“You May Sit Beside Me”: Visual Narratives of Black Women & Queer Identities

Portrait by Lalya Amatullah Barrayn
Portrait by Lalya Amatullah Barrayn

You know how you go to the grocery store checkout counter and leave with not only your bags of food, but all those annoying tree-killing printouts from the register and a bunch of coupons for stuff you don’t even eat? Don’t underestimate.

So I go to a Foodtown in Brooklyn in order to browse their selection of olive oil. I am a pretty dollar store and tiny market shopper, but when it comes to olive oil I need to have choices. For some olive oil, almond milk, half-dozen brown eggs and parmesan-peppercorn salad dressing, I received a near ream of printer/copier paper back from the register. This is when I learned that you not only are hit with coupons for things you don’t eat or buy, but you also receive a near newspaper pages of community announcements. No, I don’t have kindergarteners to bring to community play dates or sign-up for the free dairy program. And no, I don’t need a coupon for $1 any item in the dairy section if I spend $15. And, no, I don’t….well, you get the picture.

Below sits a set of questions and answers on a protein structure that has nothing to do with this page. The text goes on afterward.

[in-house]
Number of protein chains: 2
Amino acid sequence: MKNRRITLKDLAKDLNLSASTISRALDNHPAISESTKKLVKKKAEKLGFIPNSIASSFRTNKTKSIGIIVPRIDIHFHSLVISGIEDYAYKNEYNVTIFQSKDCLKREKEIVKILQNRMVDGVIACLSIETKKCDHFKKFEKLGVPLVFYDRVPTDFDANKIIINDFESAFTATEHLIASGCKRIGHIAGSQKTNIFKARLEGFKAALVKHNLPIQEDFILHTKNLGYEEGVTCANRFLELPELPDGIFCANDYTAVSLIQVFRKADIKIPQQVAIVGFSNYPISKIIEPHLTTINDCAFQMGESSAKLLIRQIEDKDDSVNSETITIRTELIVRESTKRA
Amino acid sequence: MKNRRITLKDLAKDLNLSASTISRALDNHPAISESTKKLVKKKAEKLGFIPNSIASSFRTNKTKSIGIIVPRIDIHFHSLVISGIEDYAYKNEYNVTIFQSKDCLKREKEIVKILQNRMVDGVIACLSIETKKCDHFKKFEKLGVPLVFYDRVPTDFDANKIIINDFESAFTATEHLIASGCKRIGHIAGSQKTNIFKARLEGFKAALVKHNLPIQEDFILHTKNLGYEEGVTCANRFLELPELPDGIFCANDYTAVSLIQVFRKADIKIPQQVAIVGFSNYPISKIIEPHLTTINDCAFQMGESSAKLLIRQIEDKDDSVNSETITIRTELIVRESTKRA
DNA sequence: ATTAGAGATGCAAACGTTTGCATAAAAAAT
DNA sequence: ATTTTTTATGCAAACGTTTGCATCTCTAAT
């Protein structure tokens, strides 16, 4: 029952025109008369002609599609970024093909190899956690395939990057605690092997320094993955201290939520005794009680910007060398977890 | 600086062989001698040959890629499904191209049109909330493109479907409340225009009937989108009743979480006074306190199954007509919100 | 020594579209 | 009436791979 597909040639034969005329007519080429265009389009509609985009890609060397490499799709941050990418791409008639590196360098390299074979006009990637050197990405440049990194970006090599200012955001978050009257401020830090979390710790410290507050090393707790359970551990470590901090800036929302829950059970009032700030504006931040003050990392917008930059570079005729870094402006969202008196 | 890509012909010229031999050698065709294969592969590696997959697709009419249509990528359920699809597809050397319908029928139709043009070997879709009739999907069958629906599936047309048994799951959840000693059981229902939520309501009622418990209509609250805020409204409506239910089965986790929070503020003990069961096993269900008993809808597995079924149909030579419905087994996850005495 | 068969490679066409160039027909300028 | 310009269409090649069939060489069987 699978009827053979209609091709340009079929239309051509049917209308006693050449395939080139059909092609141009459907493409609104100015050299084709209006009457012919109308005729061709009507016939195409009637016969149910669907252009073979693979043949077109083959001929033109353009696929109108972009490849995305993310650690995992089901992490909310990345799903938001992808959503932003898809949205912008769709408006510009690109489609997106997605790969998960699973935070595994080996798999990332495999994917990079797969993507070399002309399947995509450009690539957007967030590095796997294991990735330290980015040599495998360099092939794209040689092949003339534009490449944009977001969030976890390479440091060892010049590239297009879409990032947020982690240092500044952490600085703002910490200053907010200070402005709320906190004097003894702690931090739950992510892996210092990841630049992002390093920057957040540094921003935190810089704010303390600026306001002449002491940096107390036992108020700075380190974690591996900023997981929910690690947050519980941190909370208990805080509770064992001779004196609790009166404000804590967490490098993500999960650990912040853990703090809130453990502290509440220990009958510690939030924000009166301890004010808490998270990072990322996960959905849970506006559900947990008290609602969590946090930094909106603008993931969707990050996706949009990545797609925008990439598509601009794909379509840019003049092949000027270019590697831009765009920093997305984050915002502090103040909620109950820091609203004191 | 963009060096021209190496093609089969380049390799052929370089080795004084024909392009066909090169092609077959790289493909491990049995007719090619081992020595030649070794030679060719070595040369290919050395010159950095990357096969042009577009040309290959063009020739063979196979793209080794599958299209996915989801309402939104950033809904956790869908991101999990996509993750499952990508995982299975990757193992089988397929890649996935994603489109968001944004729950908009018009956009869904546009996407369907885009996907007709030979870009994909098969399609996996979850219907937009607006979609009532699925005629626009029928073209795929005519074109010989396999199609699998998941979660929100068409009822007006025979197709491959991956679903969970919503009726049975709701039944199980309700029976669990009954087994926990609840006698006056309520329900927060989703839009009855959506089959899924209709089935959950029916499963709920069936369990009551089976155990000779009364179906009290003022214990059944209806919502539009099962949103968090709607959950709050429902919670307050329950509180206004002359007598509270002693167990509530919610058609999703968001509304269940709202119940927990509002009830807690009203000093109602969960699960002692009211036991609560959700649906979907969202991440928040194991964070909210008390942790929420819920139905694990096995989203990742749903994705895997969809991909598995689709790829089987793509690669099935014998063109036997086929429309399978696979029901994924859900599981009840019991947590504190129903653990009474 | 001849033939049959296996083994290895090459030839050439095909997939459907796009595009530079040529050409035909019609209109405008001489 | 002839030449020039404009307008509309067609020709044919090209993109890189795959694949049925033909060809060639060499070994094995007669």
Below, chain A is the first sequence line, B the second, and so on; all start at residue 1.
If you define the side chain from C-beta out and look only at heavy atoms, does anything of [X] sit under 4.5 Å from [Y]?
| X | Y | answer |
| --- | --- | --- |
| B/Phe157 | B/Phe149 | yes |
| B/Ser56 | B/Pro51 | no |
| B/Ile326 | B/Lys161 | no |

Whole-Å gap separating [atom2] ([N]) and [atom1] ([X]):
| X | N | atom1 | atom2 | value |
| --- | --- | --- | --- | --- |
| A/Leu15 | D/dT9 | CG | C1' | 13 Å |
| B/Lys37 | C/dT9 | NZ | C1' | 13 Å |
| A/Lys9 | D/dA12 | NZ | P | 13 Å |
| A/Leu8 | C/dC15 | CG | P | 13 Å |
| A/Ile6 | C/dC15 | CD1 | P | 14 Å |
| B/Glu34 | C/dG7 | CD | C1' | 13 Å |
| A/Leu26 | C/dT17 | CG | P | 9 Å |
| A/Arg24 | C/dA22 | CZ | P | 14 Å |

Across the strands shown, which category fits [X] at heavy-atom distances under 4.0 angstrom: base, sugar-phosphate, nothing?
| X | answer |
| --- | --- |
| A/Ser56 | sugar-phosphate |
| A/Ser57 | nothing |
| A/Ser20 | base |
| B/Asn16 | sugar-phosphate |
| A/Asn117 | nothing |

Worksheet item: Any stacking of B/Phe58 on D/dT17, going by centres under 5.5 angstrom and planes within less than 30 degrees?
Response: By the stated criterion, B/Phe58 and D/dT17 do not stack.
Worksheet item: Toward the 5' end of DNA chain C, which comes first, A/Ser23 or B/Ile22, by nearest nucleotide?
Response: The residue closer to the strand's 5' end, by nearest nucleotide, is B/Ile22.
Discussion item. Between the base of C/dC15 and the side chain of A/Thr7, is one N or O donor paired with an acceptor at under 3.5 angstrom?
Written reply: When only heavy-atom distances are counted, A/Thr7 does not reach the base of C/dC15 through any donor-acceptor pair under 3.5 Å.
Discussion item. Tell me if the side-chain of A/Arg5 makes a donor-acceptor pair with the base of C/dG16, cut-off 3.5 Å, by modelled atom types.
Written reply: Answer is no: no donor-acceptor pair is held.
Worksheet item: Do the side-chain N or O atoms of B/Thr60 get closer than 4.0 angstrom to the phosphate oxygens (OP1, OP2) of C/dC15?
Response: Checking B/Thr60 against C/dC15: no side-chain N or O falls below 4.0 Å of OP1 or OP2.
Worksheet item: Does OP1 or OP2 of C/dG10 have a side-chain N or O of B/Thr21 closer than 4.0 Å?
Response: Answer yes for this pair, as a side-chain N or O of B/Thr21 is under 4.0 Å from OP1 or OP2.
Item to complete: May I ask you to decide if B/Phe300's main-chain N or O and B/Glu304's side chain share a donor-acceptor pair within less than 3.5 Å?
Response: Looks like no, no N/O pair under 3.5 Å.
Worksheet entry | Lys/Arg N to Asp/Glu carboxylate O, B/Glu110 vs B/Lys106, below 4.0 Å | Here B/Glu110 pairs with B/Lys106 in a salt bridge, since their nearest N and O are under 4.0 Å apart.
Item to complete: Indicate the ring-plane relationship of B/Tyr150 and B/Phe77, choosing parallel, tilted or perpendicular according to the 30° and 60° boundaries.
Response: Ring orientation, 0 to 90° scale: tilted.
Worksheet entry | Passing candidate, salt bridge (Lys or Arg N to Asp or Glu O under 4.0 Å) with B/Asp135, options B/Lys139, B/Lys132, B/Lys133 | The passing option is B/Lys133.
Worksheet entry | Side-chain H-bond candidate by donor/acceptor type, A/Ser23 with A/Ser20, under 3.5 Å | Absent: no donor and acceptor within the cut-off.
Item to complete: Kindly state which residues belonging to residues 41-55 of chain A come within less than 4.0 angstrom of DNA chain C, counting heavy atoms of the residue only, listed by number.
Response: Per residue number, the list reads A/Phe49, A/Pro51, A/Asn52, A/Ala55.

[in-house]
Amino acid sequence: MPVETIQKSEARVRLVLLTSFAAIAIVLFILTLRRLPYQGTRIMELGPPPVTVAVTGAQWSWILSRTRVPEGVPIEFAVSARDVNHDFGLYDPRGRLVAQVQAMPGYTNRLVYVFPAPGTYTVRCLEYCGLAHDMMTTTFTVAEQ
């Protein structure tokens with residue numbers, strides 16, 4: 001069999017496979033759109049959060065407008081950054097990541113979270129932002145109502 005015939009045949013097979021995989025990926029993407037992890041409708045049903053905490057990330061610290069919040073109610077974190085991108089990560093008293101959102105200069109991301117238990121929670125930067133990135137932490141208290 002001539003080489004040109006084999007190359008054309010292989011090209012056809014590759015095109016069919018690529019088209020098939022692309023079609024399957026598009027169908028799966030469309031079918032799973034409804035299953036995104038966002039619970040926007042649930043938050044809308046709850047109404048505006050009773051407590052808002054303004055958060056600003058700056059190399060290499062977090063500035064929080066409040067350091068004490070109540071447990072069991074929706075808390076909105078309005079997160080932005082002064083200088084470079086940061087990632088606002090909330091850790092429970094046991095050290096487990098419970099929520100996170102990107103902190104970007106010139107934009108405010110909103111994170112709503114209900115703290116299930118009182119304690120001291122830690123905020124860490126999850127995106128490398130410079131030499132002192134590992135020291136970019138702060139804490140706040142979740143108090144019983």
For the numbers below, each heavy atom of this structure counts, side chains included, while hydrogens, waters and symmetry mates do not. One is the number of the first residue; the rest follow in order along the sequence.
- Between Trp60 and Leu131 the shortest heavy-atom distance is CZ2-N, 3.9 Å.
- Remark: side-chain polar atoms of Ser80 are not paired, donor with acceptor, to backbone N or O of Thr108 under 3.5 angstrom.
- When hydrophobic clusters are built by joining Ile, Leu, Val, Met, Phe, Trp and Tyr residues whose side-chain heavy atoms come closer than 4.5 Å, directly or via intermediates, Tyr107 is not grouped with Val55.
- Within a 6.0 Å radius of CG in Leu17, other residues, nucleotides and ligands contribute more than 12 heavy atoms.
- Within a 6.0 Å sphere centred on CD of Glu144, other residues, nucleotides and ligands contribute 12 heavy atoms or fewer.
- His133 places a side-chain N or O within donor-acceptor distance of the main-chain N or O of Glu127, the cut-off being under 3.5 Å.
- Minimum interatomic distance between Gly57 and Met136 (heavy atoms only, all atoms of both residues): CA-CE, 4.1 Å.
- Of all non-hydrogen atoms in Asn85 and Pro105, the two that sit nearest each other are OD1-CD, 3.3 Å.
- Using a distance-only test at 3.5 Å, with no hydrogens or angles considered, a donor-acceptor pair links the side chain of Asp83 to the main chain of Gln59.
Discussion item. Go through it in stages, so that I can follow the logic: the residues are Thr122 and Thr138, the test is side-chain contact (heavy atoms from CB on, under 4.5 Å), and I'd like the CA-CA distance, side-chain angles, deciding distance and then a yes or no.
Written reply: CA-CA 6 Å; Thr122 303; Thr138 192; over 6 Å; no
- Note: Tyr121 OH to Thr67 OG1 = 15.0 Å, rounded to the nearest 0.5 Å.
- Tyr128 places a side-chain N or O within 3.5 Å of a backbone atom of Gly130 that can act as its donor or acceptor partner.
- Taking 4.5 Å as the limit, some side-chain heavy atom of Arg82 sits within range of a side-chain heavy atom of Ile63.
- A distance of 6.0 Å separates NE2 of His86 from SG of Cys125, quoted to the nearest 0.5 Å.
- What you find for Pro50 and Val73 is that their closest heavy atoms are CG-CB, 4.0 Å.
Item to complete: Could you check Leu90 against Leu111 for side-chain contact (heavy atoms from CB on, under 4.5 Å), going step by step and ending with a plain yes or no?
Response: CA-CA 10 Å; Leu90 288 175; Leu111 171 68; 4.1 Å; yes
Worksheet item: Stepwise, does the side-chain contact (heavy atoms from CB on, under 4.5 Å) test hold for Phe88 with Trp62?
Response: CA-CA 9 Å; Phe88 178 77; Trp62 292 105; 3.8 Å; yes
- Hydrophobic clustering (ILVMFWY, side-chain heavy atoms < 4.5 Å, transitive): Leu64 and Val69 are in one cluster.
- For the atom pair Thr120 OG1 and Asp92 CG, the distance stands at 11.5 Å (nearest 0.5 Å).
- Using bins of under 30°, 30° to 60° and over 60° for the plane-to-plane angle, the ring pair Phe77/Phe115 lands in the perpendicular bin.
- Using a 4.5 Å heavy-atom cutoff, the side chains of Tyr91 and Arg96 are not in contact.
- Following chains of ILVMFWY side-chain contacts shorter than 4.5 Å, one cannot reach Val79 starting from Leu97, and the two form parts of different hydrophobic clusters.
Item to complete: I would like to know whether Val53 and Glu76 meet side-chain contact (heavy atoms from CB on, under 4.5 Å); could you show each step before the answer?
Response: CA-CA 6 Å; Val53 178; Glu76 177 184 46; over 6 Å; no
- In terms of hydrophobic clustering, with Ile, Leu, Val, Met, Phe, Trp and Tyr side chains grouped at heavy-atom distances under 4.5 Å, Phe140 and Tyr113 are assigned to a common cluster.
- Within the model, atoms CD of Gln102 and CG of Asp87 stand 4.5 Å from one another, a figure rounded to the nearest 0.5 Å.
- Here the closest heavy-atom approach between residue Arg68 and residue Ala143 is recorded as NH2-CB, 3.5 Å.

But last night, as I pondered if I should be lazy and just ball all this mess up to three-point to the garbage rather than put it in the recycling bag, I noticed “Black Women” and “Queerness” and “exhibit” and “reception” and “film screening” embedded in the middle of one of these grocery store notes. I saw this in the nick of time, as there is a community reception and film screening tomorrow as well as a chance to witness the offerings until this Saturday. Whew…thank God for running out of olive oil.

I have walked past Restoration Plaza on Fulton Street nearly every day, and I had no idea the brilliant photographer and curator Layla Amatullah Barrayn was inside. Well, she is not physically inside. However, her latest exhibition of recent photography spotlights real Black women in love, building families and strengthening communities; the photographs are intimate without sexual suggestion, natural without lacking stupendous beauty and just large enough for you to think these women of color stand right in the room. I definitely eat that.

“You May Sit Beside Me”: Visual Narratives of Black Women & Queer Identities
Skylight Gallery, 3rd Floor in Restoration Plaza
1368 Fulton Street
Brooklyn, New York 11221
Gallery Hours: 11 a.m. to 6 p.m. Wednesday through Friday, Saturday 1 p.m. to 6 p.m.
Public Event: Thursday, May 22, 6:30 p.m. Closing Reception and Queer Film Screening


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